Last day

Last day


Booked on an early evening flight home, we wanted to maximise our last day here and saved a trip to San Sebastian until now.  Known as Donostia in Basque, it could get pretty confusing – well, as much as Swansea/Abertawe I guess.


We set off from Bilbao along the motorway, intrigued by the landscape we passed through.


A kind of industrial countryside for most of the way.


We’d see a wide open landscape and then, suddenly, there would be a steaming great factory on one side, or serried ranks of apartment blocks.


But the wider picture was one of rather lovely hillsides, small farms and green fields.


It was all rather intriguing and none of us would have been able to identify where in Europe such a photograph could be taken until now.


An hour or so from Bilbao and we were driving into San Sebastian, through a canyon of apartment blocks, towards the centre of the city.


We parked in a large underground car park and came up for air in a central plaza, outside what appeared to be a theatre.


Aha, San Sebastian, European City of Culture 2016!


We wandered over towards the river, thinking we’d explore the smaller eastern half of the city before returning to the more promising old town on this side.  We’d booked lunch at a restaurant recommended by a colleague of Edward’s and thought it might be a good idea to build up an appetite with a walk along the seafront!

But Edward spotted something interesting.  Waves.  Now he’d drawn our attention to it, we noticed the river itself was full of waves washing up from the seafront a short distance away.


Every so often, a huge wave would come crashing up the river and smash against the walls on both sides, occasionally splashing up against the bridge over which we were walking.


We spotted a crowd of people standing watching over there on the opposite bank and thought that it’d be a good place to stand and watch, too.


The light was quite interesting – dark and yet quite bright too.  There was clearly some weather coming our way.


We realised that part the promenade and seafront road on both sides of the river had been taped off for safety reasons.


It’s surprising how fascinating – and invigorating – it is to stand and watch waves such as these and yes, of course, I took a thousand photographs.  (Slight exaggeration, possibly)


All the time the waves were crashing down there, to the side of us, a small tractor was cleaning the beach, away from the drama.


We decided it was time to move on and enjoyed our walk along the prom for a short while before turning around and returning to the bridge.


There were blue flashing lights and a couple of police cars.  What could be afoot? 

Well, it seemed as though there was someone down there in the river, on a paddleboard, riding the waves but in what appeared to be a rather precarious situation.  We watched a while, until a large wave came in and knocked him off his board into the water – hopefully not against those huge granite breakwater blocks which line both sides of the river.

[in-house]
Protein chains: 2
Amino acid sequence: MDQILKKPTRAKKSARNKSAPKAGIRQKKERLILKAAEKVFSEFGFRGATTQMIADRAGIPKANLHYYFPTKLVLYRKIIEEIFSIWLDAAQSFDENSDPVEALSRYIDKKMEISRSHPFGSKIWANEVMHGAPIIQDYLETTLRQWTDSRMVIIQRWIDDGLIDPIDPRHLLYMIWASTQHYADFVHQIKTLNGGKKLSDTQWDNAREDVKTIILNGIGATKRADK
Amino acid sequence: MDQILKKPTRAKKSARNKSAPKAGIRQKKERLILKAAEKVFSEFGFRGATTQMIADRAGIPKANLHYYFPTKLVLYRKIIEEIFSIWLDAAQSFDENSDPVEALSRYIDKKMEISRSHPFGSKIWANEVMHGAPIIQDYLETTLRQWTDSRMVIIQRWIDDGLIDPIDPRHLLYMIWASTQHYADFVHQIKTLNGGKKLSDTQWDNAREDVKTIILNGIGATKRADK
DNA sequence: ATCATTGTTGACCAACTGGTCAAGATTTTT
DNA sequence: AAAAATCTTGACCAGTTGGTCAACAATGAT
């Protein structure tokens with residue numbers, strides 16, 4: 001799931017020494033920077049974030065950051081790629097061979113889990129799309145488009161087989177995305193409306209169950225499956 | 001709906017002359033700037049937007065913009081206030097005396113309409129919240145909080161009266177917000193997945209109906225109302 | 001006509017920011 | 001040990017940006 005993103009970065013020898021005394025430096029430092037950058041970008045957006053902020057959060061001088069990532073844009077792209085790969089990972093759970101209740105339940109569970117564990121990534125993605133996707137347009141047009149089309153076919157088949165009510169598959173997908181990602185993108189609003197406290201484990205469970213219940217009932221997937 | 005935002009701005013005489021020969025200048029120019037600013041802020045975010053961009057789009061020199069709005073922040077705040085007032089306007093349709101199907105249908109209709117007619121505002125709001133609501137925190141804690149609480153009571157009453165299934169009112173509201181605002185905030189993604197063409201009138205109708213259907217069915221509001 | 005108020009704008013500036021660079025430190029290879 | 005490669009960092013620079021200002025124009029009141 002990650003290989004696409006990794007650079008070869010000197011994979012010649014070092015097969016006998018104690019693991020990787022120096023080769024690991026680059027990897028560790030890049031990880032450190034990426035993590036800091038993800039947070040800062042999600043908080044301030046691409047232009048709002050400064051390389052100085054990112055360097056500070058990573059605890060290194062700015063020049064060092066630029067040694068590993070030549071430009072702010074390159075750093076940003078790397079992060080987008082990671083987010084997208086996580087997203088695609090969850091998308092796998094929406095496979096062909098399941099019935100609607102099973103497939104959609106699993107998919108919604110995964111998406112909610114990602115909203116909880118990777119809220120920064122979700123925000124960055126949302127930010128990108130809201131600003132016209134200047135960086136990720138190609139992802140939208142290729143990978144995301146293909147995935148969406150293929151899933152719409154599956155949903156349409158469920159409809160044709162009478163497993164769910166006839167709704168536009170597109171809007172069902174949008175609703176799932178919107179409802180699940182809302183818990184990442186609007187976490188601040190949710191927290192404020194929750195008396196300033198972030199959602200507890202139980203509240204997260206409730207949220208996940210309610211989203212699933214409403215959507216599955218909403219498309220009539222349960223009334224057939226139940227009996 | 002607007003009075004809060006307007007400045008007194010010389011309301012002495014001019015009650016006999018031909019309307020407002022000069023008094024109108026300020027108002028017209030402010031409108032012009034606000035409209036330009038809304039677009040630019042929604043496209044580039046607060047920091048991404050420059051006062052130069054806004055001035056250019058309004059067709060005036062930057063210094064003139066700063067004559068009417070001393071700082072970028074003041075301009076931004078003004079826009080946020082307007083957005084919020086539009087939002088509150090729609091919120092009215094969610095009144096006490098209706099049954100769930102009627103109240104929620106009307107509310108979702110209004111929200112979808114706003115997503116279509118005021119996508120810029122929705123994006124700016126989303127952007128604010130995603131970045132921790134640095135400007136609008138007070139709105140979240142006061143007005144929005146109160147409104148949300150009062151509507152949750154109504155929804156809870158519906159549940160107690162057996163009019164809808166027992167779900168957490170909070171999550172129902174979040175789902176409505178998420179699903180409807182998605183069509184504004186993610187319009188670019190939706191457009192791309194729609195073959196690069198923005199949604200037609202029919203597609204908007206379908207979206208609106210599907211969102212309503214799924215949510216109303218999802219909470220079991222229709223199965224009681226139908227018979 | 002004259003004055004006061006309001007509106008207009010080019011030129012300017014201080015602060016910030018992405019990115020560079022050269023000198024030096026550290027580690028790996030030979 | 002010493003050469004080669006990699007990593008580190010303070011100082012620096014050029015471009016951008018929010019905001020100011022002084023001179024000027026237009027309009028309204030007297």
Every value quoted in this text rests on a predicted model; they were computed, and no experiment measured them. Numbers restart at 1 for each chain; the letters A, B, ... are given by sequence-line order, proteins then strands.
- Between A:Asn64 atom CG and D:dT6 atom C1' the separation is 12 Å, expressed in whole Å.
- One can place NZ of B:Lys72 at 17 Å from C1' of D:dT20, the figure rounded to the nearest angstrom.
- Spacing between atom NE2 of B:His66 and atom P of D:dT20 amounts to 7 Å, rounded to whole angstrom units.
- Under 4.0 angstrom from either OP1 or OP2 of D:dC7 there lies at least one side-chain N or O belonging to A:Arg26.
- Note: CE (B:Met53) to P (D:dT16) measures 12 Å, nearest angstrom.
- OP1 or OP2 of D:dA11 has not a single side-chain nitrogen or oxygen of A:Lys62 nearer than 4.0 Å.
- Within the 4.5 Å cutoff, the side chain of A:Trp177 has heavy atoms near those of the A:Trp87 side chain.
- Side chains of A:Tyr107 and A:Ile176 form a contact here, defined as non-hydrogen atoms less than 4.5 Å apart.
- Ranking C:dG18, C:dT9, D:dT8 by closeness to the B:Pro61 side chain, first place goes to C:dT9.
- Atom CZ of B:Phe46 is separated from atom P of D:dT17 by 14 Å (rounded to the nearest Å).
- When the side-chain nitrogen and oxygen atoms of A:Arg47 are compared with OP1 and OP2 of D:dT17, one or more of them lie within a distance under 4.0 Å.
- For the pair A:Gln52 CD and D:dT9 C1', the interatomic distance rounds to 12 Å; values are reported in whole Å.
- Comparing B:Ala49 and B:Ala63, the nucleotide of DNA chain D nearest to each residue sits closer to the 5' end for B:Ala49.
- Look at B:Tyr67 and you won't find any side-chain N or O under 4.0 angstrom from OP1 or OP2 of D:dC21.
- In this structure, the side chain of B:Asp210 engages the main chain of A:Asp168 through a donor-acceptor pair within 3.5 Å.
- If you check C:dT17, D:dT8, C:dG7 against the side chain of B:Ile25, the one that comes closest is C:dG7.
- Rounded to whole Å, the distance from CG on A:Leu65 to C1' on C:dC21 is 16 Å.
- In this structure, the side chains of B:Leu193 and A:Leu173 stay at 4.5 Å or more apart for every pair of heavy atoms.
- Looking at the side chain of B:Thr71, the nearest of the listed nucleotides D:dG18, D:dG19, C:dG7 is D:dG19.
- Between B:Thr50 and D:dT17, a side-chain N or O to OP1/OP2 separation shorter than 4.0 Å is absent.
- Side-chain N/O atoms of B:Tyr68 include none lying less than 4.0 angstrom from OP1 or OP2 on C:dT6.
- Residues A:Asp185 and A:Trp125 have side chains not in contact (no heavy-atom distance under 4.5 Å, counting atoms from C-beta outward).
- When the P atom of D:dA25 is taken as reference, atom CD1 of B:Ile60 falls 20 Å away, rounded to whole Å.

Only now, when reviewing my photographs did I realise that it’s not a “him” at all.  Seems like young men don’t have the monopoly on foolhardiness.


Wandering about the streets on the west side of the river, we noticed a distinct similarity between the architecture here and that in Bilbao.  Lovely details give an air of grandeur and have so much character.


We walked towards the City Hall and to the promenade high above the western bay where the powerful waves were providing some fun for a bunch of surfers.


Seeing this second wide, sandy beach, it’s clear why this is such a popular resort.


As we walked, though, that weather which we’d seen from the bridge arrived and a large downpour made the next half hour rather tricky.


We dived into the market to begin with and had a look around.  These are cakes for Epiphany – or maybe they are also going to celebrate Edward’s birthday with us?


One market stall sold only Bacalao – something we’ve tasted here and enjoyed but which I suspect needs skill and careful handling to be so delicious.


This little Basque figure sat upon several of the stalls and having identified him, we began to see his counterparts in real life, here and there!


Of course, there’s alternative shelter from the weather in places such as this, where all kinds of temptation abounds.


Walk along the street and look in any doorway…


Bars piled high with pintxos, awfully difficult to resist as lunchtime approached.


Thankfully, we didn’t have long to wait.


Lunch at Bodegon Alejandro was worth the wait!  Traditional Basque food, cooked simply but beautifully presented in comfortable and unpretentious surroundings.  Just what we were after!


At the conclusion of our meal, this little chest of drawers was brought to the table.  What might be inside?  The bill?


No – actually a selection of tiny morsels – madeleines, macarons and small shortbread biscuits.  The bill was presented in a basket later.

What a great way to celebrate a birthday.  What a great conclusion to the trip!



Later that evening

Later that evening